An English In Kentucky


















August 18th 2010    Tim Candler

    Occasionally a Crow will lose his tail feathers.   It gives him a different appearance.  When he flies in the distance he can be mistaken for a Black Vulture.  But on branches of the dying Sycamore he will make a noise, and a person can for a minute feel sympathy for him.

    I reckon tail feathers are central to correct deportment whilst in flight.   I imagine the effort of flying without tail feathers leaves a body aching and a mind slightly unnerved.   But on the branches of a dying Sycamore a Crow can feel kingly and pretend that he is as good as ever he was.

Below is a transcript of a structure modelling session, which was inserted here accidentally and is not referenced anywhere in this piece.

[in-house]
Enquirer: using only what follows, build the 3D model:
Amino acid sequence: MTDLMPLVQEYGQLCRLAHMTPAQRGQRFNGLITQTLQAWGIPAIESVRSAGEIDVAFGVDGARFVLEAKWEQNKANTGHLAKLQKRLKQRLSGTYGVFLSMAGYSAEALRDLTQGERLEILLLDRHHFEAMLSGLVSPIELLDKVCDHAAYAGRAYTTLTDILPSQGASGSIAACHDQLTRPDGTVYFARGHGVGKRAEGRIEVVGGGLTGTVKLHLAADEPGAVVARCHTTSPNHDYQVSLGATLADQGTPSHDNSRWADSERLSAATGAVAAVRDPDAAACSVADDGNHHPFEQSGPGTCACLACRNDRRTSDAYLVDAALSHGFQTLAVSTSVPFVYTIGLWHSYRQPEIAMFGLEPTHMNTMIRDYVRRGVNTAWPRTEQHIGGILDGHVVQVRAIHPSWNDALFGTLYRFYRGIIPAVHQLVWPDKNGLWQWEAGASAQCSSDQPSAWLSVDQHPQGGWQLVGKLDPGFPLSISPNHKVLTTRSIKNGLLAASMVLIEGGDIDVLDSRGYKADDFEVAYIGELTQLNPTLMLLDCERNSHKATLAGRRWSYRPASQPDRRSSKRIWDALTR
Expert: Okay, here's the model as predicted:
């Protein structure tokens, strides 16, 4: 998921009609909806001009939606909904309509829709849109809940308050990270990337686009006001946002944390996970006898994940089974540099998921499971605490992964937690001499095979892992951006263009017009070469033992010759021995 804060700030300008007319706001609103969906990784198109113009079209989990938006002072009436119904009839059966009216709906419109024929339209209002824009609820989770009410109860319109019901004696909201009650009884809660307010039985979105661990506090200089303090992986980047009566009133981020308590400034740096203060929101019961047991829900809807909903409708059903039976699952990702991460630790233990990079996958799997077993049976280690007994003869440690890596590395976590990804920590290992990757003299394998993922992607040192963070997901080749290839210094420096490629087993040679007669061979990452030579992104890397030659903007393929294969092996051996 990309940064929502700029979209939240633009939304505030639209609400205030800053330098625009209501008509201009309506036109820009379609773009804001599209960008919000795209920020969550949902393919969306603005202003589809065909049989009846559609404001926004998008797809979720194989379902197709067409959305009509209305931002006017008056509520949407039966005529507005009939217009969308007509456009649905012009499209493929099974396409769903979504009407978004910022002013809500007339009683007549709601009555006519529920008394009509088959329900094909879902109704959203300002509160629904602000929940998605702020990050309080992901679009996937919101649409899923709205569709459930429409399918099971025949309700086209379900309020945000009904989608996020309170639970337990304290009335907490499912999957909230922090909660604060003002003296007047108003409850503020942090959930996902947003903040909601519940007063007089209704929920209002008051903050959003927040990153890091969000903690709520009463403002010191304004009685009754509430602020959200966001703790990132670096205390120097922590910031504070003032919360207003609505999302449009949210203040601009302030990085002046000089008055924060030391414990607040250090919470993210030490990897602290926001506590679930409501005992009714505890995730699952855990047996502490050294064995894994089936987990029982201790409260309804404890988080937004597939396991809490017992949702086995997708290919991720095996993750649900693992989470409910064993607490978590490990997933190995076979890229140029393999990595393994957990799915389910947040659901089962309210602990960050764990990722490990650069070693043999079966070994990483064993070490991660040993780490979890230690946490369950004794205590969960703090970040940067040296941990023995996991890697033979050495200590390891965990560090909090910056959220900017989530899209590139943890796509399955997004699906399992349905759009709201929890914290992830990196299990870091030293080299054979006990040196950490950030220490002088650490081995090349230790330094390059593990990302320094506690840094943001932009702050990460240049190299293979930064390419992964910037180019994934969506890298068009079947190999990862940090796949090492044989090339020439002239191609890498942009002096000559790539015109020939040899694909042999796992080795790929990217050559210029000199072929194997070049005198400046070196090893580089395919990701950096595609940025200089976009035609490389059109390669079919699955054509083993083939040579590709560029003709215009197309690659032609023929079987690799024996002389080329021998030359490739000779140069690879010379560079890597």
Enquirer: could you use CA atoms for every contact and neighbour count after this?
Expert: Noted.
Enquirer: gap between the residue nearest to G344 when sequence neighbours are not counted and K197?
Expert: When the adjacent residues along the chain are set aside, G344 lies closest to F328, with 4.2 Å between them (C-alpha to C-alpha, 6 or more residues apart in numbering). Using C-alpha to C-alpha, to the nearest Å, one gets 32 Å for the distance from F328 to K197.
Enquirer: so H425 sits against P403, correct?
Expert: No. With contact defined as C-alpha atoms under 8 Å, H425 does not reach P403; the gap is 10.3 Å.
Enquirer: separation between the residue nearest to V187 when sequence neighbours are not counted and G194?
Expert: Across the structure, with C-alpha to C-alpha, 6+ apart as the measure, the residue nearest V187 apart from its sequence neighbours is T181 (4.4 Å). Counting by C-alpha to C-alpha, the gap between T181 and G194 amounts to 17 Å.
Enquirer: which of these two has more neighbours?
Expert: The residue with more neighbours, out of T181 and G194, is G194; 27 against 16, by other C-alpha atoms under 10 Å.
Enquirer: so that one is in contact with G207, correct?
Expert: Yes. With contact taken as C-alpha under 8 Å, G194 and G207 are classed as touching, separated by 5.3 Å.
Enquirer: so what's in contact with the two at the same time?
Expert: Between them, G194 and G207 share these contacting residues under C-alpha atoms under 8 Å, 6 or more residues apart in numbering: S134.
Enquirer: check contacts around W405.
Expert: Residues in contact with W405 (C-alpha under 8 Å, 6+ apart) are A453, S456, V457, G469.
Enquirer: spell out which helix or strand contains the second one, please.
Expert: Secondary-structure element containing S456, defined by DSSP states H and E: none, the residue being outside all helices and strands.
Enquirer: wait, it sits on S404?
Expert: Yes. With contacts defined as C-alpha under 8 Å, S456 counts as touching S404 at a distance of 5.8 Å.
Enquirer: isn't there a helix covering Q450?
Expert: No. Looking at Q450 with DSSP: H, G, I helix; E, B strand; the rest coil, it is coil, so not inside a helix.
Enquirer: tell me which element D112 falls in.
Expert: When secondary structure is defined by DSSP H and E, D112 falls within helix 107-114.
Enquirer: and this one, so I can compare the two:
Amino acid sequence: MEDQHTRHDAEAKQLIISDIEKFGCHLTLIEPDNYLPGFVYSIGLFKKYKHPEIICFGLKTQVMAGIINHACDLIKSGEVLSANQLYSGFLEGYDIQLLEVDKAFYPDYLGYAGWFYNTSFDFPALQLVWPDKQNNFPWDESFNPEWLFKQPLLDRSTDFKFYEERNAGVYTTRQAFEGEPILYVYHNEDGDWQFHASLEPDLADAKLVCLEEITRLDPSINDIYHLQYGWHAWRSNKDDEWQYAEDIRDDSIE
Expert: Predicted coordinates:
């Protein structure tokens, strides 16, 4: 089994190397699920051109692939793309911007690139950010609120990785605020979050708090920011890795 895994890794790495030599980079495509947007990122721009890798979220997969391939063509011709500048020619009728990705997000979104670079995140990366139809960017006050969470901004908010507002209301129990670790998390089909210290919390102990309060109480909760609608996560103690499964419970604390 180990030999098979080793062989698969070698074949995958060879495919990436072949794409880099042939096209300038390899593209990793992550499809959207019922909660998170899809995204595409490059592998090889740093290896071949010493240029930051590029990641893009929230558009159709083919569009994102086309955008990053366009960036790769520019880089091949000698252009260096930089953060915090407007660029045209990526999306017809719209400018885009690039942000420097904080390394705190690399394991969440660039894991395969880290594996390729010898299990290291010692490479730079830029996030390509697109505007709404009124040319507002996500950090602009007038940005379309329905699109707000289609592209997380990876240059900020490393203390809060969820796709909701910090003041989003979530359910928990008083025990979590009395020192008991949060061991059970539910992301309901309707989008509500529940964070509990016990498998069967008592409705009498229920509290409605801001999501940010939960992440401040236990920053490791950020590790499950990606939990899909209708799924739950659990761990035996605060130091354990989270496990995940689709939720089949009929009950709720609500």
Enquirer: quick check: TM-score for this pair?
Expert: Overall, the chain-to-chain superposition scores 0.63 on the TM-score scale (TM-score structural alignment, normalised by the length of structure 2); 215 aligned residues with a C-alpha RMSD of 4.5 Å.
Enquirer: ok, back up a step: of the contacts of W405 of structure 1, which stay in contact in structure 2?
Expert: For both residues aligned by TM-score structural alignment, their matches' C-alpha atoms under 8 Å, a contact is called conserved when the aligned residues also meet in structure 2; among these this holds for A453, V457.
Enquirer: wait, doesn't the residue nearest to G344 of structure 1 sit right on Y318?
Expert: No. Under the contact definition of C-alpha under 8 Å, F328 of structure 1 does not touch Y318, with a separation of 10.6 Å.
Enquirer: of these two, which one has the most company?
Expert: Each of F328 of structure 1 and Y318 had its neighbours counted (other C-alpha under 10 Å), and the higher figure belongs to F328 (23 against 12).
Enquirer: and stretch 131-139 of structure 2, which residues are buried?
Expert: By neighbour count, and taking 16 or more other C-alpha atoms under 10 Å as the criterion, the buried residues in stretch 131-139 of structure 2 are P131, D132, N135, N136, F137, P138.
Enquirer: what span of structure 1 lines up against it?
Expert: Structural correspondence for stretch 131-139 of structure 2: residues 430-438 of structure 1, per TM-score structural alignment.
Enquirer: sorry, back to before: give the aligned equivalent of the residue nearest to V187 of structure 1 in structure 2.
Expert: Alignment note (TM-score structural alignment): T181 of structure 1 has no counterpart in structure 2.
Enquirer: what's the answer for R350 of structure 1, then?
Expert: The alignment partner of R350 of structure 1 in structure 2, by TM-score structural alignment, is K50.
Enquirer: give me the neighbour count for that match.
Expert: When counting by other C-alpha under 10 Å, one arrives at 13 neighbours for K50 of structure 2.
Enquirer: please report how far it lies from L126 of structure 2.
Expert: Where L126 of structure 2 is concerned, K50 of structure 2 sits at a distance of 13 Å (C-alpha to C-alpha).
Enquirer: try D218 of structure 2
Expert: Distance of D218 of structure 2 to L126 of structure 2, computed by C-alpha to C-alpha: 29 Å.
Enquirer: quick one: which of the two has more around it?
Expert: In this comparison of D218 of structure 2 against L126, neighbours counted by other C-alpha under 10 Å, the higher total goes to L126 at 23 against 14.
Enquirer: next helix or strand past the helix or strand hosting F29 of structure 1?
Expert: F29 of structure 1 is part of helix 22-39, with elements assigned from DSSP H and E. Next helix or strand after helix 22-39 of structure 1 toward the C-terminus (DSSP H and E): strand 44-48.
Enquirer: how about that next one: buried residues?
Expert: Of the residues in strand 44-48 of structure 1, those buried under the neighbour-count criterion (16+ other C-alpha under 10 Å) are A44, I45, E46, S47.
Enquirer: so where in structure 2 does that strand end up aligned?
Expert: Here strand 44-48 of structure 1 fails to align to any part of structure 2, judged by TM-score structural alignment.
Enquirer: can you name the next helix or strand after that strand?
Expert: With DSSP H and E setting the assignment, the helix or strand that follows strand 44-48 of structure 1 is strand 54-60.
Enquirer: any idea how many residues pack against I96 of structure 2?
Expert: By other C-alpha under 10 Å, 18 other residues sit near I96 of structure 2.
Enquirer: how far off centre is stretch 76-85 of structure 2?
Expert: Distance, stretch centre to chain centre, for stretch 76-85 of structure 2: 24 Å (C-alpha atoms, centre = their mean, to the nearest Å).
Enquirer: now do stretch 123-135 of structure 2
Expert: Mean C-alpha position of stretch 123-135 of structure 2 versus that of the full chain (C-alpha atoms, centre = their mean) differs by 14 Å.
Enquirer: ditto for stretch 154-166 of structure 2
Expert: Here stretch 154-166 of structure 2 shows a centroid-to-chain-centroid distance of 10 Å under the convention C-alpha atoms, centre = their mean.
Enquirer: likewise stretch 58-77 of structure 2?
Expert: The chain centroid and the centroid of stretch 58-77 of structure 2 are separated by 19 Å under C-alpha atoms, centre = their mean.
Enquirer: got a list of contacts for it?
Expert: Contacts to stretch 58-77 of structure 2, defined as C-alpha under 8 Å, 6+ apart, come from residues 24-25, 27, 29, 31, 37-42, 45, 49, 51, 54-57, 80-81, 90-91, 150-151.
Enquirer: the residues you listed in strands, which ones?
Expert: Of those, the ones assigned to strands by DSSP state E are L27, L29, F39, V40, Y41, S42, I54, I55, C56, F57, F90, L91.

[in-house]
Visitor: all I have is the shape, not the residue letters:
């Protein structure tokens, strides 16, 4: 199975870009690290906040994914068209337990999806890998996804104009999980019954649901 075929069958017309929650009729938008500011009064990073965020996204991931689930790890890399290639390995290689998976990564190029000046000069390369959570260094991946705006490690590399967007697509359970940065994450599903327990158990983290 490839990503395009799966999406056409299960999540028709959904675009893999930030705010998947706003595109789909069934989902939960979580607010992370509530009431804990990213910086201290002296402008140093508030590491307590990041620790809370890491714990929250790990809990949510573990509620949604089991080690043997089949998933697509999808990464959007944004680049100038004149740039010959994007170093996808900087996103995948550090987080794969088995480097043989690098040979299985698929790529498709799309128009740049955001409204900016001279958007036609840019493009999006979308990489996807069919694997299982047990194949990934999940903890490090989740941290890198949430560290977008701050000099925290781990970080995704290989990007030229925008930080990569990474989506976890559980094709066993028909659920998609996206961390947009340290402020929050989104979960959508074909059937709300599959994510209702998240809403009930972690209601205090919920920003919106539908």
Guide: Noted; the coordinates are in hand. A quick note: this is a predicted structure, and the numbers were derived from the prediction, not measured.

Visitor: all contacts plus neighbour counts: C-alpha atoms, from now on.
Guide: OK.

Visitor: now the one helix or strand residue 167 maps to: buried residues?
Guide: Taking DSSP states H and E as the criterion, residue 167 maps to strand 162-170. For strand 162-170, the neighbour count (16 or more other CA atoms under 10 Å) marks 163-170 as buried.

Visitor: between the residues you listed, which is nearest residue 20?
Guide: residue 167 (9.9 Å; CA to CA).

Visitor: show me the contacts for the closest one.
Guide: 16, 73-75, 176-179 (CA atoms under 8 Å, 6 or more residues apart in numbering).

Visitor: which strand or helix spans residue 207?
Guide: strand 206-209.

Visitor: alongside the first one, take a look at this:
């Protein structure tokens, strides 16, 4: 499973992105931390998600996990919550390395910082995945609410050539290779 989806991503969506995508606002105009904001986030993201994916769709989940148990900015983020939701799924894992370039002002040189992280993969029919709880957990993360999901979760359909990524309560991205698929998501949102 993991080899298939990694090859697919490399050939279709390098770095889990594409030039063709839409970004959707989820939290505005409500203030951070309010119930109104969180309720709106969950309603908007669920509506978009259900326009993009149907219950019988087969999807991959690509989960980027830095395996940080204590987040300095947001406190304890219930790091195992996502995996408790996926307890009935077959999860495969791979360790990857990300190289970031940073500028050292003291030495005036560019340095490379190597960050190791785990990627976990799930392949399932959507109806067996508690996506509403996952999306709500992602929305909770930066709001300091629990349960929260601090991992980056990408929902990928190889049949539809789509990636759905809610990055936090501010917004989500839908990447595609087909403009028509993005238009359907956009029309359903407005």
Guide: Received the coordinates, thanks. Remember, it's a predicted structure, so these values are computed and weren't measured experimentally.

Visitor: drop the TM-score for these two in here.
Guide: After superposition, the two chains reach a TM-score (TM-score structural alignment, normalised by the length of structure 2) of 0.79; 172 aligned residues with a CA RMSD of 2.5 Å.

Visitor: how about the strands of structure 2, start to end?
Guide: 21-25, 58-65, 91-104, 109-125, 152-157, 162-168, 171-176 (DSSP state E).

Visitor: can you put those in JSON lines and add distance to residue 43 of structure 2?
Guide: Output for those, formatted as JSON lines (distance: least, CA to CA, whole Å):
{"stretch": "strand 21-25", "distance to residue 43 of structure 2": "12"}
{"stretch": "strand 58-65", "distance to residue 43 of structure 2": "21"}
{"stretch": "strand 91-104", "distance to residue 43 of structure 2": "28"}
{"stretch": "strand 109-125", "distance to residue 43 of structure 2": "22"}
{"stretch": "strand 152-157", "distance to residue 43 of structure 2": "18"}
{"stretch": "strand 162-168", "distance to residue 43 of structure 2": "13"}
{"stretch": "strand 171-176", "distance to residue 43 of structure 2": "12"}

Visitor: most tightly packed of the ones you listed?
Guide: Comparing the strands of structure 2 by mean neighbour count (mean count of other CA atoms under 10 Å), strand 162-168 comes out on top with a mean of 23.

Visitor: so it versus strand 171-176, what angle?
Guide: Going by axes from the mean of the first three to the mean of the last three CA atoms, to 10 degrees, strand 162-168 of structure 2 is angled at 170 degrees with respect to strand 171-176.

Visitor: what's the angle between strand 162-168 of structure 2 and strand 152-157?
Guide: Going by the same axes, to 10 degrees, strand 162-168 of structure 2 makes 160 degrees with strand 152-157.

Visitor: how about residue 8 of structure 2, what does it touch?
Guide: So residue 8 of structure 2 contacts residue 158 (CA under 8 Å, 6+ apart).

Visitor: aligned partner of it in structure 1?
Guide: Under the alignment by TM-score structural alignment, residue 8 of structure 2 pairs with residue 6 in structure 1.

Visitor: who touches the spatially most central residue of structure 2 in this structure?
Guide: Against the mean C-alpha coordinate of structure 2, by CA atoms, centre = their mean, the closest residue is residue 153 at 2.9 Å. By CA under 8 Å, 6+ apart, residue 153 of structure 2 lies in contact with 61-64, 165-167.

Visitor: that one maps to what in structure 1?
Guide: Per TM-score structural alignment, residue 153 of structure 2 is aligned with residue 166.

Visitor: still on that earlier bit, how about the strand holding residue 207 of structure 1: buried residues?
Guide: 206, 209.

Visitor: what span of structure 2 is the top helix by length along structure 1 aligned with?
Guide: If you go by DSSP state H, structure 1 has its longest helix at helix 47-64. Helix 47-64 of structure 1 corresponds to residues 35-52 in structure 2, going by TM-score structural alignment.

I imagine too it takes a while for the new feathers to grow, and I guess in the community of Crows there will be the odd joke shared by those Crows who still have their tail feathers.

   Yet when it comes to how a Crow might lose his tail feathers, I imagine there is opportunity for heroic explanation.  A chance to boost a ragged image of one who has seen it all.  A collision with death survived, rather than something as small as a mite or a fungal infection.


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